As you stay awake at night and allow your thoughts to gather and process into your own understanding, have you ever thought about how you got there in the first place?

We as humans find peace of mind in what exactly?

Happiness?

Do we create our own happiness or do we find happiness in something?

Are we too busy catching up on what happened in the past to reflect on what has yet to come?

What is preventing us from unleashing these unfulfilled desires we retain within us?

These are questions to ask yourself.

How often do you find yourself searching for something that has not yet been discovered?

Go and look at the person in the mirror. Will the persona that you see be a figment of time to represent your entire life work? No – the simple answer is “no.”

We often look at who we are now and find something wrong with ourselves. We are our own worst persecutors, we create an image of ourselves and start finding things wrong with it.

Our own persona is created by ourselves, and we get so caught up in where we are now rather than saying, ”what about tomorrow?”

The problem with that is motivation. Where is your motivation to “fix” these problems that you have created?

We as teenagers in the 21st century have it pretty rough, I’d say. We are growing up in an age where everything is online: social media, school, doctor’s appointments, etc.

But what limitations do we have?

During the COVID-19 outbreak we had a lot of limitations set in place, but how did it stop you? Did you stop scrolling on social media or stop watching TV shows? I bet not, and that is because it’s become a part of our daily routine.

One of the first things I do when I wake up is check my cellphone. I, too, am a victim. We find happiness in our cellphones, and social media only makes it easier. With the world at our fingertips, how could we not fall into this?

People who struggle with anxiety or depression often find their happiness and that feeling of joy with social media and that is because our minds release a chemical called dopamine. When we encounter happiness or something that makes us feel good, dopamine is released and it is an addictive chemical our body wants.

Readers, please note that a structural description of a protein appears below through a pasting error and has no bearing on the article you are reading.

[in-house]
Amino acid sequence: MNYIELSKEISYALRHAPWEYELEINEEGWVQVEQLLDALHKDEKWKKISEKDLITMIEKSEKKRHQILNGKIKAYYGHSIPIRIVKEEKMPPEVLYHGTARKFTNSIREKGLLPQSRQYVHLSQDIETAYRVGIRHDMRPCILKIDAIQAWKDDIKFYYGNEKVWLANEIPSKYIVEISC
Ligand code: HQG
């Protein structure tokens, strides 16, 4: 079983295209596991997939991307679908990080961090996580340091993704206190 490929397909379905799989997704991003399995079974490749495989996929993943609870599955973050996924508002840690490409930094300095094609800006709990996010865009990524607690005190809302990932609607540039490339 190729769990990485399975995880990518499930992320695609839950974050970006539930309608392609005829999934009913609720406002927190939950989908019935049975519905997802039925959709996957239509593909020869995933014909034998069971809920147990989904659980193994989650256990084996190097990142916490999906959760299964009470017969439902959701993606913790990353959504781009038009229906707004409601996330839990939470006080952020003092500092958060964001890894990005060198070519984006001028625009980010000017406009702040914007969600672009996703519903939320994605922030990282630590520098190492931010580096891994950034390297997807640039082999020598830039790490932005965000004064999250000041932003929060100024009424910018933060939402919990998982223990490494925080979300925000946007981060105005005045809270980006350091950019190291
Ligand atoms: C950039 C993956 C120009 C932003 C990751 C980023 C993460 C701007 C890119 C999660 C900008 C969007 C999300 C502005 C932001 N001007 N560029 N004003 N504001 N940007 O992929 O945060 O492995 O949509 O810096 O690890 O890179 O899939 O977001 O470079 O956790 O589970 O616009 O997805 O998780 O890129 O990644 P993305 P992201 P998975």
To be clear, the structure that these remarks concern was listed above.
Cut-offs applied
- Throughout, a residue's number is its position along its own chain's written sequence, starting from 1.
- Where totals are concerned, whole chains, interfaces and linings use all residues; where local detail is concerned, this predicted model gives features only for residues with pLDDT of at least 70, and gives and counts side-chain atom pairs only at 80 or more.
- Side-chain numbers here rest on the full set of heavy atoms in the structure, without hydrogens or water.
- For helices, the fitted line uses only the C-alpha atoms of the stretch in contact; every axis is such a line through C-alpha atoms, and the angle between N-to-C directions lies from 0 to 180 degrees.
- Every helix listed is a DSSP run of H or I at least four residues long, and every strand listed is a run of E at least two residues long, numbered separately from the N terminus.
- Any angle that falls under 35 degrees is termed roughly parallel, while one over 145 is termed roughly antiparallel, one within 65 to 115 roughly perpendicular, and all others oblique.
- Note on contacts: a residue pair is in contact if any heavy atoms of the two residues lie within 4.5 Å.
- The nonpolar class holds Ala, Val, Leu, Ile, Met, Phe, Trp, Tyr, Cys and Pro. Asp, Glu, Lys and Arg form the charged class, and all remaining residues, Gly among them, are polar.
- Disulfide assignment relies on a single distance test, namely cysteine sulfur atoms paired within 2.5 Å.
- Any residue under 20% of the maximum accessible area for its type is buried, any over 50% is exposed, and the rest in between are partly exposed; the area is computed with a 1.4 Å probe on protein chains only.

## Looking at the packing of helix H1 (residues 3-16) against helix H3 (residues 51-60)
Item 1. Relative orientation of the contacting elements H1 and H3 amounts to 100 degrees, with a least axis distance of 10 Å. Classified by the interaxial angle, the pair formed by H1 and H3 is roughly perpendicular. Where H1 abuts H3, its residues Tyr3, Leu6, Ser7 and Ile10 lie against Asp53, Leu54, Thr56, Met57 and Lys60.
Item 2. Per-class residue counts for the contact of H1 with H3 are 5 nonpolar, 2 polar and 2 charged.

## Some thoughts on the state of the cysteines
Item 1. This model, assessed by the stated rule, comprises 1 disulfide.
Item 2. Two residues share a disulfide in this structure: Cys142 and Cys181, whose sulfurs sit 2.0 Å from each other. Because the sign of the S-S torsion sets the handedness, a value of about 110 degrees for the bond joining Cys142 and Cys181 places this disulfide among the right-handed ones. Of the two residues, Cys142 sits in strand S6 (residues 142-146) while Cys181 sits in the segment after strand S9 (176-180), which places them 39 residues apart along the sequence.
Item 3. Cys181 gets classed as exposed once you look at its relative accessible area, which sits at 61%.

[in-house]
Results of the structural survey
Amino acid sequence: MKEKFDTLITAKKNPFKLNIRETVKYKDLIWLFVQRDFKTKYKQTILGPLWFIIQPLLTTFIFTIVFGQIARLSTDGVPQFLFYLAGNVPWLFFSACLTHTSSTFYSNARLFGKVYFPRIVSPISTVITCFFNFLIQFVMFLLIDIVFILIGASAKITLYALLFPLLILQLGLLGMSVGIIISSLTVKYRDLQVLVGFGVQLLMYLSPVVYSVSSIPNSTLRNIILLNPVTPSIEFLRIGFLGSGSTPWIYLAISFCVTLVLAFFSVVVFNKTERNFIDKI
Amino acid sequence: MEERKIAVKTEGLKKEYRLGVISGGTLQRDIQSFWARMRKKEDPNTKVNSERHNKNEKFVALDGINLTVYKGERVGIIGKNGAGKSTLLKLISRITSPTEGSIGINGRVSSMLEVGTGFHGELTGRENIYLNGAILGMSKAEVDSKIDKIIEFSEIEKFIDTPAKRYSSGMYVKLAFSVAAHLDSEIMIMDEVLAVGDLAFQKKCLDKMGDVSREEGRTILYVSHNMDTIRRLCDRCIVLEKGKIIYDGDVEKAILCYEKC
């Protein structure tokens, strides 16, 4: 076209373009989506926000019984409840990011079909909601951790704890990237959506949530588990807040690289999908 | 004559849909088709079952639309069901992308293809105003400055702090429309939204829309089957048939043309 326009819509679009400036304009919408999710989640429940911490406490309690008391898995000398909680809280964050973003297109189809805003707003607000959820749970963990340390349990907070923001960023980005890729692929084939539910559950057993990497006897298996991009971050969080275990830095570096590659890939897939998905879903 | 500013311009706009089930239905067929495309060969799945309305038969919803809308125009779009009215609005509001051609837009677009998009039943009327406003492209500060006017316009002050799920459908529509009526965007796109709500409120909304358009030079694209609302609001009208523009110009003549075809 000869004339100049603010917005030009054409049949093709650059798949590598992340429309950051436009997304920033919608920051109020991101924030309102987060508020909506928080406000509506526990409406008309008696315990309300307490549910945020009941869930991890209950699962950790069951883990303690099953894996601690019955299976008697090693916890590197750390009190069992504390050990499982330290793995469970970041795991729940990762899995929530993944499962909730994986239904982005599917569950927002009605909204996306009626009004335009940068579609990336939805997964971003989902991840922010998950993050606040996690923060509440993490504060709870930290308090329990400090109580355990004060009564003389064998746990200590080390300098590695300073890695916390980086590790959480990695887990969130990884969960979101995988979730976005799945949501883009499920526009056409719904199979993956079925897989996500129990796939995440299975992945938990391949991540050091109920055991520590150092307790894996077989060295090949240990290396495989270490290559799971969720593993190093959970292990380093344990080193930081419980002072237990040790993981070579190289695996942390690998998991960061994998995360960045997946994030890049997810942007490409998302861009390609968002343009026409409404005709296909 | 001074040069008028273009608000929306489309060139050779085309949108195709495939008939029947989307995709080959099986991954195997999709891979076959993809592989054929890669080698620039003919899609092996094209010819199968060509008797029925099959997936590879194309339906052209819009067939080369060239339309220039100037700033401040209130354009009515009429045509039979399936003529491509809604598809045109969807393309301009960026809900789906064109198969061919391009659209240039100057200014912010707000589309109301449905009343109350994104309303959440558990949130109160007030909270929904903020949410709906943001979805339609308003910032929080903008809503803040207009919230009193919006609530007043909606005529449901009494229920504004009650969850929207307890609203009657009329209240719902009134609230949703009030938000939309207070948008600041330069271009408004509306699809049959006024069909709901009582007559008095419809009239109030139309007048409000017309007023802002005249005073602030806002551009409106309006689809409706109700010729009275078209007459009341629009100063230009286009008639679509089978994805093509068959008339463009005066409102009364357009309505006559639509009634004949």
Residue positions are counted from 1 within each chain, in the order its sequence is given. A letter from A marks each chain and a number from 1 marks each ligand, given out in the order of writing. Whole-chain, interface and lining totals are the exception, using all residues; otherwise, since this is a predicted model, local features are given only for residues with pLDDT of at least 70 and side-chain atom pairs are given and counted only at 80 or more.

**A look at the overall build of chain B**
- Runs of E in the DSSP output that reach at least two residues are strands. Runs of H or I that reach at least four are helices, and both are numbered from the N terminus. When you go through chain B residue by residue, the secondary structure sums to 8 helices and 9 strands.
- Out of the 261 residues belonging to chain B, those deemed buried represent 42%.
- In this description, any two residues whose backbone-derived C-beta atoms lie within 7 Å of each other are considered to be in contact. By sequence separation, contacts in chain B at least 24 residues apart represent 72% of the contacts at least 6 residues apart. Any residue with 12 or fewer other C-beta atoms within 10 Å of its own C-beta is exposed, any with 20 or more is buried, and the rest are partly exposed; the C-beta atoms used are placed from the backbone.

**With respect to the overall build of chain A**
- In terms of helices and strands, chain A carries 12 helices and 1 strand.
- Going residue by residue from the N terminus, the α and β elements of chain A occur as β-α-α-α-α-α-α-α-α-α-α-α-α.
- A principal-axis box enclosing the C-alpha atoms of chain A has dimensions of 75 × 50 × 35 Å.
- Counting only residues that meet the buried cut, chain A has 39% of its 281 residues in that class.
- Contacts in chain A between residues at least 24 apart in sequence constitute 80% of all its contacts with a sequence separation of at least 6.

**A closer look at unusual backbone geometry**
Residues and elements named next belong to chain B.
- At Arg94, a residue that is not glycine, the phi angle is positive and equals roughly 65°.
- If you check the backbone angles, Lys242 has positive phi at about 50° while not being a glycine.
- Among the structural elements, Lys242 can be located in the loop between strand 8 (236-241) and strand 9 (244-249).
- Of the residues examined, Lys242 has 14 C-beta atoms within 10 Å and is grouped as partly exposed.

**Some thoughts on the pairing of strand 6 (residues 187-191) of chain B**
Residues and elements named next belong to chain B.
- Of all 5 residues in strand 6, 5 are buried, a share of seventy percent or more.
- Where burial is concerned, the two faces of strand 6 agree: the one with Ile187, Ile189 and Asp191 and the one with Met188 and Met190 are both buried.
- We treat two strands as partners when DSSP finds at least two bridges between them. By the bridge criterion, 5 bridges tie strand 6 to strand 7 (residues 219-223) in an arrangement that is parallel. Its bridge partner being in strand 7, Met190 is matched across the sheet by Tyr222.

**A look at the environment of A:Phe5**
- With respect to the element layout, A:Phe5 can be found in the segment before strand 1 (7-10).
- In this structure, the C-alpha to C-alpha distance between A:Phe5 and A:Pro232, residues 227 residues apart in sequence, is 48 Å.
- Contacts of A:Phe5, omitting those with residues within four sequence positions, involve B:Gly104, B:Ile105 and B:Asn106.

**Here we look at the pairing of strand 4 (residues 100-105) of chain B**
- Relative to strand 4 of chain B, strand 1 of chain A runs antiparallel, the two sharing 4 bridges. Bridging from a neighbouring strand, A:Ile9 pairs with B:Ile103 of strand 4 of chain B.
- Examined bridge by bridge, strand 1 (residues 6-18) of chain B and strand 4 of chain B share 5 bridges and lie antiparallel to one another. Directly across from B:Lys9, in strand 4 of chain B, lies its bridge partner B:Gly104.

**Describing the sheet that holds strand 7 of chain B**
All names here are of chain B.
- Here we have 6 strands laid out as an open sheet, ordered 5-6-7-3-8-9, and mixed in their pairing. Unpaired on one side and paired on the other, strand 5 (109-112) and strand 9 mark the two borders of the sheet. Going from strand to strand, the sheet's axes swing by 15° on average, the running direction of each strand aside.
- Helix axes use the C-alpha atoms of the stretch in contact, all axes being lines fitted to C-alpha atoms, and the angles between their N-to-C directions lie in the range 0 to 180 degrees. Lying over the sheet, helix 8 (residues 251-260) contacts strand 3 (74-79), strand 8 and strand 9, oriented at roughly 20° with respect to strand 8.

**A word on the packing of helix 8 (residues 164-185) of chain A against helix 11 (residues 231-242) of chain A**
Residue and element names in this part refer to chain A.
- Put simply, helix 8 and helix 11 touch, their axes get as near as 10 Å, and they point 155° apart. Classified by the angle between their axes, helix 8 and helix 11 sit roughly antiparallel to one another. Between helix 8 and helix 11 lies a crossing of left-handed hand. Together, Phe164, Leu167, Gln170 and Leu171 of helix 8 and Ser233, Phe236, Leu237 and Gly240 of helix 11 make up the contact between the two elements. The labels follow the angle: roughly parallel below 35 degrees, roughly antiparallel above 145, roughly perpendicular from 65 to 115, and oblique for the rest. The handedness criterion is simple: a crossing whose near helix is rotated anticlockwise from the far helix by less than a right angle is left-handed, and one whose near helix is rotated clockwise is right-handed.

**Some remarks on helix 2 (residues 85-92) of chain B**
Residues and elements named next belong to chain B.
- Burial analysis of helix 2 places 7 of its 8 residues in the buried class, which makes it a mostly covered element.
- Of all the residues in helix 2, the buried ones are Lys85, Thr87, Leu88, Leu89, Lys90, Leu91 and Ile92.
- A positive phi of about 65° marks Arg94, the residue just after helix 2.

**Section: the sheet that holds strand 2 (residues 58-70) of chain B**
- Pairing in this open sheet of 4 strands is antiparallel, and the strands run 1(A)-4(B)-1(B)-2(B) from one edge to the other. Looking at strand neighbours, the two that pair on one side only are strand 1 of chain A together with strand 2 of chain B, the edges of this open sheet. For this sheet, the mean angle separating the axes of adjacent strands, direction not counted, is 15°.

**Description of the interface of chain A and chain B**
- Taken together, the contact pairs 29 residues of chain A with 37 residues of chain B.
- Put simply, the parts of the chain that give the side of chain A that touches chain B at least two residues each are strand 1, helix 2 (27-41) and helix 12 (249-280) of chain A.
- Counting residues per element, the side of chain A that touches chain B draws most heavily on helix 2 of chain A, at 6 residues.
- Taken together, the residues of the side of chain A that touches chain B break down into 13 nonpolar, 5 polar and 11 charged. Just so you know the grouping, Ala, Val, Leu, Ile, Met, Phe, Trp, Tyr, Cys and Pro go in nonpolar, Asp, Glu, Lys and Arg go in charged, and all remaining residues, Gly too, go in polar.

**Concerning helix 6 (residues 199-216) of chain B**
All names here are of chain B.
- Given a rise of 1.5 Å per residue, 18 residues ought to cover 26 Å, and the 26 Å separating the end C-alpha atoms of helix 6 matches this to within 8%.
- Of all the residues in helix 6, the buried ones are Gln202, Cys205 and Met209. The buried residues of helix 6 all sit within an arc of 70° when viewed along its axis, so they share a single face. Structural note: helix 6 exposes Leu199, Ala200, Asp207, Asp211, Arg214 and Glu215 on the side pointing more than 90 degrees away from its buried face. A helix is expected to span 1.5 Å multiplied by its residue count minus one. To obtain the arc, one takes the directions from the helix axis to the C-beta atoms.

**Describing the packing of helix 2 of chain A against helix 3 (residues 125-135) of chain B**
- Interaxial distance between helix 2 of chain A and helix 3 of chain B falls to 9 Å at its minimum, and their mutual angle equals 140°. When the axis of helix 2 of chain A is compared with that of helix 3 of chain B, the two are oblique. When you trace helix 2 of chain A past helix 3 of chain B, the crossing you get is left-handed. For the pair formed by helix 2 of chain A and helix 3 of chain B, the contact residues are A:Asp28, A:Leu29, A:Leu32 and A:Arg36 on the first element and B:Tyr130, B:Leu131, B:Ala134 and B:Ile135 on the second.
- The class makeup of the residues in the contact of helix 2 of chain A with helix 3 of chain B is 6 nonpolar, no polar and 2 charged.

So when somebody with anxiety or depression is having a moment of sadness or nervousness, his or her body’s first resort is to do what creates happiness.

What problems can occur from having your cellphone or social media as your primary source of happiness? You cannot rely on these things. The internet goes down, then what? You’re left stranded with a useless cellphone in your hand.

What we need to do is not to discover our own limitations, because that’s easy. You can say, “Oh that looks hard, so I can’t do it.” But what we have to do is find how far our limits can go.

Instead of giving ourselves a limit, let us find the limit; let us discover what we can do without prior judgment.

Go and look in the mirror and instead of finding something wrong, find something that makes you happy. If you think you lost weight, let that drive your happiness.

Every time you make a decision, you will think about that moment in the mirror and you will find a way to make that even better. To lose even more weight or to gain more muscle.

The point isn’t in losing weight or gaining weight; it’s the journey it took you through. You found happiness in something that you can control and in something that doesn’t have its limitations.

So the next time you find yourself longing for happiness, don’t search for it, create it.

Jacob Fetzer is a junior at Greater Johnstown High School.

Jacob Fetzer is a junior at Greater Johnstown High School.

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